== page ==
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PENNSYLVANIA POWER & LIGHT COMPANY v. ELMO BALDASSARI (11/13/74)

decided: November 13, 1974.

PENNSYLVANIA POWER & LIGHT COMPANY, APPELLANT,
v.
ELMO BALDASSARI, APPELLEE



Appeal from the Order of the Court of Common Pleas of Lackawanna County in case of In Re: Condemnation of Lands in Ransom Township, County of Lackawanna, Commonwealth of Pennsylvania, Owned by Elmo Baldassari, No. 635 September Term, 1970.

COUNSEL

Joseph L. Mullaney, with him Harvey Gelb and William C. Roeger, Jr., for appellant.

Paul A. McGlone, for appellee.

Judges Crumlish, Jr., Kramer and Wilkinson, Jr., sitting as a panel of three. Opinion by Judge Wilkinson.

Author: Wilkinson

[ 15 Pa. Commw. Page 554]

This is an appeal from an award of damages in an eminent domain proceeding. The award was made by the court below sitting without a jury. The appellant challenges the court below on its findings with regard to three elements: (1) determination of the highest and best use of the appellee-condemnee's land; (2) nature of the estate condemned; and (3) values ascribed to the three segments of land involved.

Appellee-condemnee owned a tract of 603 acres which he testified he planned to develop into a recreational-residential area as a ski resort. Appellant-condemnor's Board of Directors, following appropriate procedures, condemned an easement 325 feet wide across the tract in question. The language of the condemning resolution, in pertinent part and accurately quoted by the court below, provided: "Note 3: 'Resolved, That the Company shall and hereby does condemn and appropriate easements to the extent necessary for said rights of way as aforementioned over and across said lands owned or reputed to be owned by: . . . said rights of way being necessary for this Company's corporate uses, for the construction, operation, renewal, replacement, relocation, addition to and maintenance of the facilities constituting the said transmission lines, including poles, tower, wires and all other necessary appurtenances for the transmission and/or distribution of electricity, on, under, over or across the said rights of way described in Appendix I, together with: (1) the right, as often as necessary, to cut down any trees or brush and to remove any buildings or other things from the said rights of way, (2) the right to cut and/or cut down any trees on the premises adjoining said rights of way which may endanger the safety of, interfere with the use of or be a menace to any facilities or structures which may now or in the future be maintained upon said rights of way, and (3) the right of ingress and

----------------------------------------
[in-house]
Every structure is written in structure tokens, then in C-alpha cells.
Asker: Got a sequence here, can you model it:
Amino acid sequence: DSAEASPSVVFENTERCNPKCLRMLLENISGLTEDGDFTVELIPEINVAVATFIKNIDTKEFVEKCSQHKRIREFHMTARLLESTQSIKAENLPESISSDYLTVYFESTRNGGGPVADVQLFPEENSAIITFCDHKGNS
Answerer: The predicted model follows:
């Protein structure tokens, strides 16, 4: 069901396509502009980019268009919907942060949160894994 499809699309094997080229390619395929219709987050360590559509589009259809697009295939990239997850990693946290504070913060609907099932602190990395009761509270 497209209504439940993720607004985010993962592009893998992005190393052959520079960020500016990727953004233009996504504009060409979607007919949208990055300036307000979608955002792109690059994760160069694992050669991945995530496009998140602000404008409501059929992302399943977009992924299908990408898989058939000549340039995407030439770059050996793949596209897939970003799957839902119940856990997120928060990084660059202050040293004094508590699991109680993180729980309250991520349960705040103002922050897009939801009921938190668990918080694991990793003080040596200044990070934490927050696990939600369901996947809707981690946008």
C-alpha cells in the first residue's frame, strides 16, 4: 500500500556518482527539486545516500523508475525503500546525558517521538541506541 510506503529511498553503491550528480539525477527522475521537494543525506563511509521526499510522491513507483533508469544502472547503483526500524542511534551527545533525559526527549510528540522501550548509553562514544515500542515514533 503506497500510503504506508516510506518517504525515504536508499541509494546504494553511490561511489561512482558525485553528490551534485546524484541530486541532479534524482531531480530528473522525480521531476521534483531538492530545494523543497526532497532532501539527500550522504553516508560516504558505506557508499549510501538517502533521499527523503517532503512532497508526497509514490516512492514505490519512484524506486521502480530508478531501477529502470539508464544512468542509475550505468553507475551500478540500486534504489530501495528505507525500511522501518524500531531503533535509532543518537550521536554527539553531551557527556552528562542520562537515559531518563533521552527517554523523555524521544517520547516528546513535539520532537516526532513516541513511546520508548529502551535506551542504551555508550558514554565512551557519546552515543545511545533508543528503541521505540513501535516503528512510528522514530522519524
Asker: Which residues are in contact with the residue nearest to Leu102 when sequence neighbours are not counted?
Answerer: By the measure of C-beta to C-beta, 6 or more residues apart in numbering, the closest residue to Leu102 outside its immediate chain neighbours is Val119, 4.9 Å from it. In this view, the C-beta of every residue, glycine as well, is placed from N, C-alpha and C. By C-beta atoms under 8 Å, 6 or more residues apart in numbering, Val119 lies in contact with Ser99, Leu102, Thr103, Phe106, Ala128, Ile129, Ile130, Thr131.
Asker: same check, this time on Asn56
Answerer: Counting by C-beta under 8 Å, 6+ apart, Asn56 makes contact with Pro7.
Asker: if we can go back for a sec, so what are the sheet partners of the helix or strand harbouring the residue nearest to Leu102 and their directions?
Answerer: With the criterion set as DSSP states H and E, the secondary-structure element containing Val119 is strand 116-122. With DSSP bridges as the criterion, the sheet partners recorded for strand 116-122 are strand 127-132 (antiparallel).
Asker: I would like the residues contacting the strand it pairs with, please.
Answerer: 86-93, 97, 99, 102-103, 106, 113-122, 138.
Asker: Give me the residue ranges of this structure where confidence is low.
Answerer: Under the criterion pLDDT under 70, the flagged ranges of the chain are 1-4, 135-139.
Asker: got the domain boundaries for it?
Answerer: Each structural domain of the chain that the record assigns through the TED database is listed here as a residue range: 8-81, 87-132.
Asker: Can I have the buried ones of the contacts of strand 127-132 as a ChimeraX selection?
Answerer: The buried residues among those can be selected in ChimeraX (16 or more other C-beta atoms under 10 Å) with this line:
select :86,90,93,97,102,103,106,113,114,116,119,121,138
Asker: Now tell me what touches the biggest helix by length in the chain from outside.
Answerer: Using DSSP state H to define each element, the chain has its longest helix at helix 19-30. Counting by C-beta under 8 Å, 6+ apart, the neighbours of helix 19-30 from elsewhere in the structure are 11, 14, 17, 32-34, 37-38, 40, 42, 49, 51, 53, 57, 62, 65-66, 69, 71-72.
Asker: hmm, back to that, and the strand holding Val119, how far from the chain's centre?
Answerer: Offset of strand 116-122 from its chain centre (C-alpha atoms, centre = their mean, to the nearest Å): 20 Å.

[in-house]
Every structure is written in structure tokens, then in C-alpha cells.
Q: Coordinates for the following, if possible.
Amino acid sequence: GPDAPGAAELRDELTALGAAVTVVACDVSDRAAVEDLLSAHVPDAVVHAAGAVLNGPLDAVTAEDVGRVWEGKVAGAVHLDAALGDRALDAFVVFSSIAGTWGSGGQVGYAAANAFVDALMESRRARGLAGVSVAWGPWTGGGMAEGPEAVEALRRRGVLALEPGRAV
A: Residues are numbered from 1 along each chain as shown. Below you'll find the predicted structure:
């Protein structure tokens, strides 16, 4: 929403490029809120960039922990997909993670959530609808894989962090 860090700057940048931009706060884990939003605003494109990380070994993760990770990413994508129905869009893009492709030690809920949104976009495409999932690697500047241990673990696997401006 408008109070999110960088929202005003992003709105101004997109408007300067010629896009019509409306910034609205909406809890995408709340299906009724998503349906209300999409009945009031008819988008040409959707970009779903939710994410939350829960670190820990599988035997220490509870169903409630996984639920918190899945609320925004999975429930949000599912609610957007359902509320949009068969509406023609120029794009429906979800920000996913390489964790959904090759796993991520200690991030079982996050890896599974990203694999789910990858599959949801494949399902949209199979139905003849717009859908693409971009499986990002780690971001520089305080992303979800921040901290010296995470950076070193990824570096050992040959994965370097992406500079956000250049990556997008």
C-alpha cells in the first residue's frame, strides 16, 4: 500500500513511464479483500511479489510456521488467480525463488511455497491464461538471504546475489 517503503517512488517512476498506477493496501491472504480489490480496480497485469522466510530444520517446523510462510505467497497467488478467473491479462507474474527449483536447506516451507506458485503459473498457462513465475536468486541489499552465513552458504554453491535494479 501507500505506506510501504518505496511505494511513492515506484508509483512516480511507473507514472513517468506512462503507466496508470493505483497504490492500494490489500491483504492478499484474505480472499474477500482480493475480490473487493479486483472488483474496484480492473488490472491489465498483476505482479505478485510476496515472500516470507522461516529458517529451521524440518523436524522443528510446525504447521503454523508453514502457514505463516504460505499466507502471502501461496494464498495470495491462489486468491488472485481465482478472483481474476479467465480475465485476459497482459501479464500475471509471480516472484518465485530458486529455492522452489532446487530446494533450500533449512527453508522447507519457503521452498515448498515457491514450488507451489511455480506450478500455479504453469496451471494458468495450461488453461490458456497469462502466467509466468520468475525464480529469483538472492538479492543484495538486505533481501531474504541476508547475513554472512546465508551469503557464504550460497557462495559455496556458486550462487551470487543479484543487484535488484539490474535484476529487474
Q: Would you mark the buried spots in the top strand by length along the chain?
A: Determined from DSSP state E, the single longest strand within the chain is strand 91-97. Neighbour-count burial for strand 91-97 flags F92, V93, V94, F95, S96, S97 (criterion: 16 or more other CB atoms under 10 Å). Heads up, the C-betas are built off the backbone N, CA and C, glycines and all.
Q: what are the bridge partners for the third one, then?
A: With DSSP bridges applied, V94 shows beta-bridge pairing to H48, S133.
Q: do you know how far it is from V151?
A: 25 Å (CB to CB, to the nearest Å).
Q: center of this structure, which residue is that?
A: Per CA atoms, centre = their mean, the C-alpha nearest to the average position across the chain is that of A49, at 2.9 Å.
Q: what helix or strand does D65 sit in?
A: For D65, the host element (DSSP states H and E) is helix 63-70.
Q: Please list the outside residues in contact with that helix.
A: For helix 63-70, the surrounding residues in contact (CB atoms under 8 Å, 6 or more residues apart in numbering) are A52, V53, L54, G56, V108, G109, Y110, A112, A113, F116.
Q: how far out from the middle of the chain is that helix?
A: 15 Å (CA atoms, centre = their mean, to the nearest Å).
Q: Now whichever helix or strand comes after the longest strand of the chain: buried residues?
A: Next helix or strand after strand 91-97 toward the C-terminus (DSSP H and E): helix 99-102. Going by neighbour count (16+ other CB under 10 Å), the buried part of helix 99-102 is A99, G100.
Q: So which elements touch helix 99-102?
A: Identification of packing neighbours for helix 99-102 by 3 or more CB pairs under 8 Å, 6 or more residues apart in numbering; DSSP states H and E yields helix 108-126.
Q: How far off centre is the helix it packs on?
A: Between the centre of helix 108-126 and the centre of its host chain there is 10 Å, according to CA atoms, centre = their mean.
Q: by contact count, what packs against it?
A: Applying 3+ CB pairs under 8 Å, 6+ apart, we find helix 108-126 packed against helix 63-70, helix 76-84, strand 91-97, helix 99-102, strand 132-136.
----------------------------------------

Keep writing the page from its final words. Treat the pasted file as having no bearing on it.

[ 15 Pa. Commw. Page 555]

    egress to, from, upon and over the said rights of way for the construction, operation and maintenance of said lines.'" (Emphasis added.)

The right of way ran in a generally northeast-southwest direction and created what the lower court appropriately treated as three segments of the original tract. The northwest segment contained 84 acres; the center segment, the property over which the easement was condemned, contained 35.8 acres; and the southeast segment was the balance of the property, being 483.2 acres. The Board of View awarded $42,000.00 from which award both parties appealed. Sitting without a jury and after extensive and conflicting testimony as to the highest and best use and as to the values, and with the benefit of viewing the property, the lower court awarded $104,705.00 damages.

The lower court found that the highest and best use of the property was as a recreational-residential area. Although the testimony of appellee-condemnee and his expert witnesses was contested, the court had clear support in the record for this finding. Appellant-condemnor relies heavily on Shillito v. Metropolitan Edison Company, 434 Pa. 172, 252 A.2d 650 (1969). In that case, the Supreme Court sustained the court below when it held that although there had been evidence that the land could be used as a park, a racetrack, for industry, or for housing, there was no evidence that it would be or that there was any need for any of these uses. In the case before us, not only is there competent expert testimony of need, indeed there is competent testimony that the appellee-condemnee was actively and currently planning to so use the property at the time of the condemnation.

The lower court found as a fact that the taking "amounted to a total taking of the 35.8 acres." When the court used the term, "total taking," it meant just that, for it ...


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